John was crushed – in addition to losing his best friend, he had also lost a huge part of his business and livelihood – the man who made things happen where the rubber met the road. Sure, there were good men on the crews, and with some training, one of them might be able to step up and shoulder some of the burden of being the big boss, but it would take months – even years – to train a replacement.

John sat in his office, head buried in his hands. There was a knock at his door, and in stepped what was to become his worst nightmare: Steve’s son Johnny. Johnny, John’s own namesake, was a 20 year-old high-school dropout with a known drug problem and expensive tastes. With a sinking sensation that bordered on nausea, John realized he was looking at his new business partner. As 50% owner of their joint business, Steve’s entire stake in their business now belonged to his only son – Johnny.

In the months that followed, Johnny did little to help the business other than demanding 50% of all revenues generated. Feeling he wasn’t getting enough money, and with little understanding of economics, he soon inserted himself into every business decision, from hiring to firing to bidding for contracts. Soon, loyal crews began departing to the competition.  No-show rates of employees skyrocketed.  The work that actually did get completed was rarely finished on time and rarely passed inspection.  Before long, the company was barely surviving – hanging on by a thread as it fought tooth and nail for each piece of business it landed.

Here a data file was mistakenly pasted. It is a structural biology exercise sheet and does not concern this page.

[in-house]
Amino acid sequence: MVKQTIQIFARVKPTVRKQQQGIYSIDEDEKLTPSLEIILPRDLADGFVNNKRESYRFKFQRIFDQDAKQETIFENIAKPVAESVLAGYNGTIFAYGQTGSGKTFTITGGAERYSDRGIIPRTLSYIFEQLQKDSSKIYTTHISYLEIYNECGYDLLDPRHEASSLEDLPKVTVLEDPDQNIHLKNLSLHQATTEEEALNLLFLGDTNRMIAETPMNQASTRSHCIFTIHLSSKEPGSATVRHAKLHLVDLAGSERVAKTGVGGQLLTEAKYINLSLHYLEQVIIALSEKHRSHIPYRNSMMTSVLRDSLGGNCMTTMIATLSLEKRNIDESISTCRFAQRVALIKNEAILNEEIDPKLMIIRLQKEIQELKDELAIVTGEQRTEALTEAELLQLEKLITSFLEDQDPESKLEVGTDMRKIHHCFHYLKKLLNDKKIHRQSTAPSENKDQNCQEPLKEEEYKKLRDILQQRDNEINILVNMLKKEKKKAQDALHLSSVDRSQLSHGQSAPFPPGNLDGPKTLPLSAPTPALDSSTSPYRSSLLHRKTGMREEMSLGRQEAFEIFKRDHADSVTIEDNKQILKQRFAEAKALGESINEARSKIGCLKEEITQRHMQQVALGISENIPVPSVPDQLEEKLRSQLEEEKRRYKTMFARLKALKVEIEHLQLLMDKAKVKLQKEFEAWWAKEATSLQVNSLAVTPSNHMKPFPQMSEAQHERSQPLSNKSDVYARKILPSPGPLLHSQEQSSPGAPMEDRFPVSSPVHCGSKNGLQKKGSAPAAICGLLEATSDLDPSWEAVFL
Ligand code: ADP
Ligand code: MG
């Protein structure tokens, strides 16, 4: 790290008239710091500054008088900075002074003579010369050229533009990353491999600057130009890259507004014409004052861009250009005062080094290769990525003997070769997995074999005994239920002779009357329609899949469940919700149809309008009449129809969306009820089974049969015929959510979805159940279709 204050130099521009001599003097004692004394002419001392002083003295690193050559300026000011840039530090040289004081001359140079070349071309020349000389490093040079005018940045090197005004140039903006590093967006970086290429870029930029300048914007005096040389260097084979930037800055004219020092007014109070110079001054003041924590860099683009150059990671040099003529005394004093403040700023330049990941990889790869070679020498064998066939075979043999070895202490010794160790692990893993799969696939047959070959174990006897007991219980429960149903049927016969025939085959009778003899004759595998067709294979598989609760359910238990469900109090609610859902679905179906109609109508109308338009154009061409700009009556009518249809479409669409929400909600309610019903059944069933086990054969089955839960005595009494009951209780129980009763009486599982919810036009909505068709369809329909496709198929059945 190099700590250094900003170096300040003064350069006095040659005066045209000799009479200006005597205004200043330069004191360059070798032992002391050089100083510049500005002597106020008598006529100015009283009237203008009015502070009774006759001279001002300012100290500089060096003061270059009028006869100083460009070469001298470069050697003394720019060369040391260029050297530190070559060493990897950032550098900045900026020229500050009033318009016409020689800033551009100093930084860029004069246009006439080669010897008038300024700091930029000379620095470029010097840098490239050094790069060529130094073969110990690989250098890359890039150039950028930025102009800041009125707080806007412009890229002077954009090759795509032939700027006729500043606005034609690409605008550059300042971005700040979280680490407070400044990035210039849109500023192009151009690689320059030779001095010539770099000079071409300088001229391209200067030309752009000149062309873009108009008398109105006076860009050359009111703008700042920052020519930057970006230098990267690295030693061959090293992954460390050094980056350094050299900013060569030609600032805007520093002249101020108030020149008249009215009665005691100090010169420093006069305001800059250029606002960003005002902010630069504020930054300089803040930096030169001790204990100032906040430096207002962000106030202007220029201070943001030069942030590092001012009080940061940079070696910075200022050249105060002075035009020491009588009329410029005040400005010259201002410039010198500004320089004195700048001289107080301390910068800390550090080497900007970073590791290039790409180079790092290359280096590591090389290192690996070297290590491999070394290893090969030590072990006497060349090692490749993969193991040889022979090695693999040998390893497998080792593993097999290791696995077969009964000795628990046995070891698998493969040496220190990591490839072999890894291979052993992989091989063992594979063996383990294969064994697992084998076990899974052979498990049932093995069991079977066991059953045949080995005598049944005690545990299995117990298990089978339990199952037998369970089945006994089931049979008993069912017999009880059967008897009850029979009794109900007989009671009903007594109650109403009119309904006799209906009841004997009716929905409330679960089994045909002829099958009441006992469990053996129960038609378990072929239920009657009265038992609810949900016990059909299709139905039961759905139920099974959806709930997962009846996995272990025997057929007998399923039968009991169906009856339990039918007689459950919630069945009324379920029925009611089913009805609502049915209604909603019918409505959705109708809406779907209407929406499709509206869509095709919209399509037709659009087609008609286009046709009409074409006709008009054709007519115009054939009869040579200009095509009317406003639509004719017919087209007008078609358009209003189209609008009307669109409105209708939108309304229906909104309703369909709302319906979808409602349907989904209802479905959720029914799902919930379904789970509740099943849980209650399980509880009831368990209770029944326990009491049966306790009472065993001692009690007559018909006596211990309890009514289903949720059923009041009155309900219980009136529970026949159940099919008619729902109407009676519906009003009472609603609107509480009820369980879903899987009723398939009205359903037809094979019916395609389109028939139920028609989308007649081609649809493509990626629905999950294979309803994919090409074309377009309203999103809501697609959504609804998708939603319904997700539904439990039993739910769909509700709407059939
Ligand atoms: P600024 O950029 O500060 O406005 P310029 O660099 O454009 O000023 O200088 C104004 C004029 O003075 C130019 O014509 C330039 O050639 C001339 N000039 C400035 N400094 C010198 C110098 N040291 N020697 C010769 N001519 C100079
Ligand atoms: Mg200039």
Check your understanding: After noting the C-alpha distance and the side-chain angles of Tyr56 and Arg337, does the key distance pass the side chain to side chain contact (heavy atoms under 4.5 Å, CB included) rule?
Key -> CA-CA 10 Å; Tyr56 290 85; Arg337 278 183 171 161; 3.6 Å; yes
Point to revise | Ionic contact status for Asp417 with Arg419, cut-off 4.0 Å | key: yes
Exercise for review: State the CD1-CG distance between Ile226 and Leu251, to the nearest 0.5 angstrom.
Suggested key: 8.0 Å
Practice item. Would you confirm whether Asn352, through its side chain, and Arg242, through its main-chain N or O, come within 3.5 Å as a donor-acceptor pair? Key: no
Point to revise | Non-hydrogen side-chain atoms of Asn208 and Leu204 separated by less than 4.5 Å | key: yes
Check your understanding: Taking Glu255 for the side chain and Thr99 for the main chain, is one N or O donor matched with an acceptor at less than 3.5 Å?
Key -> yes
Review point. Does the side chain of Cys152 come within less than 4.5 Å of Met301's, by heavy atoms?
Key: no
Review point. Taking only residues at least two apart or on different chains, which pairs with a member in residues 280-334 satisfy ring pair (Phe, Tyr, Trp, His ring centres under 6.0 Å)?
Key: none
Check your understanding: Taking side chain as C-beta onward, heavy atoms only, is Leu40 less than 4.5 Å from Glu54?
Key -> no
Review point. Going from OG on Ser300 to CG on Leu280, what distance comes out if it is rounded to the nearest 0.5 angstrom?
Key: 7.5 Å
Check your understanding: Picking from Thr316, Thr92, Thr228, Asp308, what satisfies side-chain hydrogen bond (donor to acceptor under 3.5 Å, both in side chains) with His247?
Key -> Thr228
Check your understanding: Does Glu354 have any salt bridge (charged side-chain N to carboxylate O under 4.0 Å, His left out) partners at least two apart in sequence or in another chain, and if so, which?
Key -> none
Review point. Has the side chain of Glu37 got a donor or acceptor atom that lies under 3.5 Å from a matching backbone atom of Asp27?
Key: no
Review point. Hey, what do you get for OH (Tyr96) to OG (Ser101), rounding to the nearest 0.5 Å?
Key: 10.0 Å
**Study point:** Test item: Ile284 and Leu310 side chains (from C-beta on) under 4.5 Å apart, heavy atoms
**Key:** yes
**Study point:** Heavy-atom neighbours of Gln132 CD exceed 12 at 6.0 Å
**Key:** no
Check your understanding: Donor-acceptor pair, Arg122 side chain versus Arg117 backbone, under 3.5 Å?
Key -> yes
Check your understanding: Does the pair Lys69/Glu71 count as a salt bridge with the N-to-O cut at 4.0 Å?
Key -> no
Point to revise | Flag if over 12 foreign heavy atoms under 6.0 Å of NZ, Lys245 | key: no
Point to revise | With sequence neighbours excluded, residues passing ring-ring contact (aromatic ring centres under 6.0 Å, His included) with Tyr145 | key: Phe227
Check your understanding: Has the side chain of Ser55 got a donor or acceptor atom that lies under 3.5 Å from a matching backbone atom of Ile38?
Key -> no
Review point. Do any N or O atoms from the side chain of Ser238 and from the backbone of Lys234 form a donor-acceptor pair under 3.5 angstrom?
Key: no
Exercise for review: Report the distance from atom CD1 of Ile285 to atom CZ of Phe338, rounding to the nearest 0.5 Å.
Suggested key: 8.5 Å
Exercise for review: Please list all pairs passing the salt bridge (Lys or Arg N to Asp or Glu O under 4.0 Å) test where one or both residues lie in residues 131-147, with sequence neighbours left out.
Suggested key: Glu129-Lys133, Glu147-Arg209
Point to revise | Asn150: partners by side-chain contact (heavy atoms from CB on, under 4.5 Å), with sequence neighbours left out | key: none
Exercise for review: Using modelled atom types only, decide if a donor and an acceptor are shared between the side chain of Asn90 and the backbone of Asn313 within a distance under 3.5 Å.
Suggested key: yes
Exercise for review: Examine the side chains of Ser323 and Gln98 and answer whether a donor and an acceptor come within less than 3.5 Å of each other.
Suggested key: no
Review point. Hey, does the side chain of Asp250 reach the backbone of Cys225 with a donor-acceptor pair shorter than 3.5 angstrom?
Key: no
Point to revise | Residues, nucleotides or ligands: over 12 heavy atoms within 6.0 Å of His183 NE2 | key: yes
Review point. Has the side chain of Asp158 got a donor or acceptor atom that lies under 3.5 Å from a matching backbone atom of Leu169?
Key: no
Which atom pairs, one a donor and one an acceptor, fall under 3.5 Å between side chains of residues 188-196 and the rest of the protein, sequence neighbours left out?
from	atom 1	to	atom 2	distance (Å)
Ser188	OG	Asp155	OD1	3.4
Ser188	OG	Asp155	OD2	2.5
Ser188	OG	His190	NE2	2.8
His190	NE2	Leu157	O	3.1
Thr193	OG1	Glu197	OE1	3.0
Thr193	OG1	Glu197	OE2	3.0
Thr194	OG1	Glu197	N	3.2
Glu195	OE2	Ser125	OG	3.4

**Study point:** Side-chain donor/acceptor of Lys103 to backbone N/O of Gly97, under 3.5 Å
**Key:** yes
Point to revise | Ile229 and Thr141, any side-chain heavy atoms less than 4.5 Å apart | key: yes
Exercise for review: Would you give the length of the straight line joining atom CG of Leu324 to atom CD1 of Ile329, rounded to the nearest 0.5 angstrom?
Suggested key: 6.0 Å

Why did this happen? Was it fate? Hardly. Steve and John had simply made the same mistake that many business owners do – failing to realize their own vulnerability. With simple planning, the destruction of the business could have been avoided. Granted, nothing short of clairvoyance could have avoided Steve’s death in a car accident – but some simple business succession planning would have gone a long way to keeping the
business strong and viable during the months following Steve’s death.

All closely held businesses should consider business succession planning. While there are many solutions to a problem such as this, Steve and John would have been well served to create a buy-sell agreement. This agreement, which is a legally enforceable contract, would have given John the ability to buy out Steve’s stake in the business for a predetermined amount should Steve die or become incapacitated, leaving Johnny with no power to influence any business decisions whatsoever.

There are two basic types of buy-sell agreements: a cross-purchase agreement, and an entity purchase agreement. In a cross-purchase agreement, each business partner owns a life insurance policy on the life of the other partner – providing immediate cash with which to buy out the partner’s heirs, such as Johnny. In an entity purchase agreement, the business itself owns the life insurance policies on each partner. Typically, if there are three or more partners, an entity purchase agreement is the most inexpensive option for
all involved.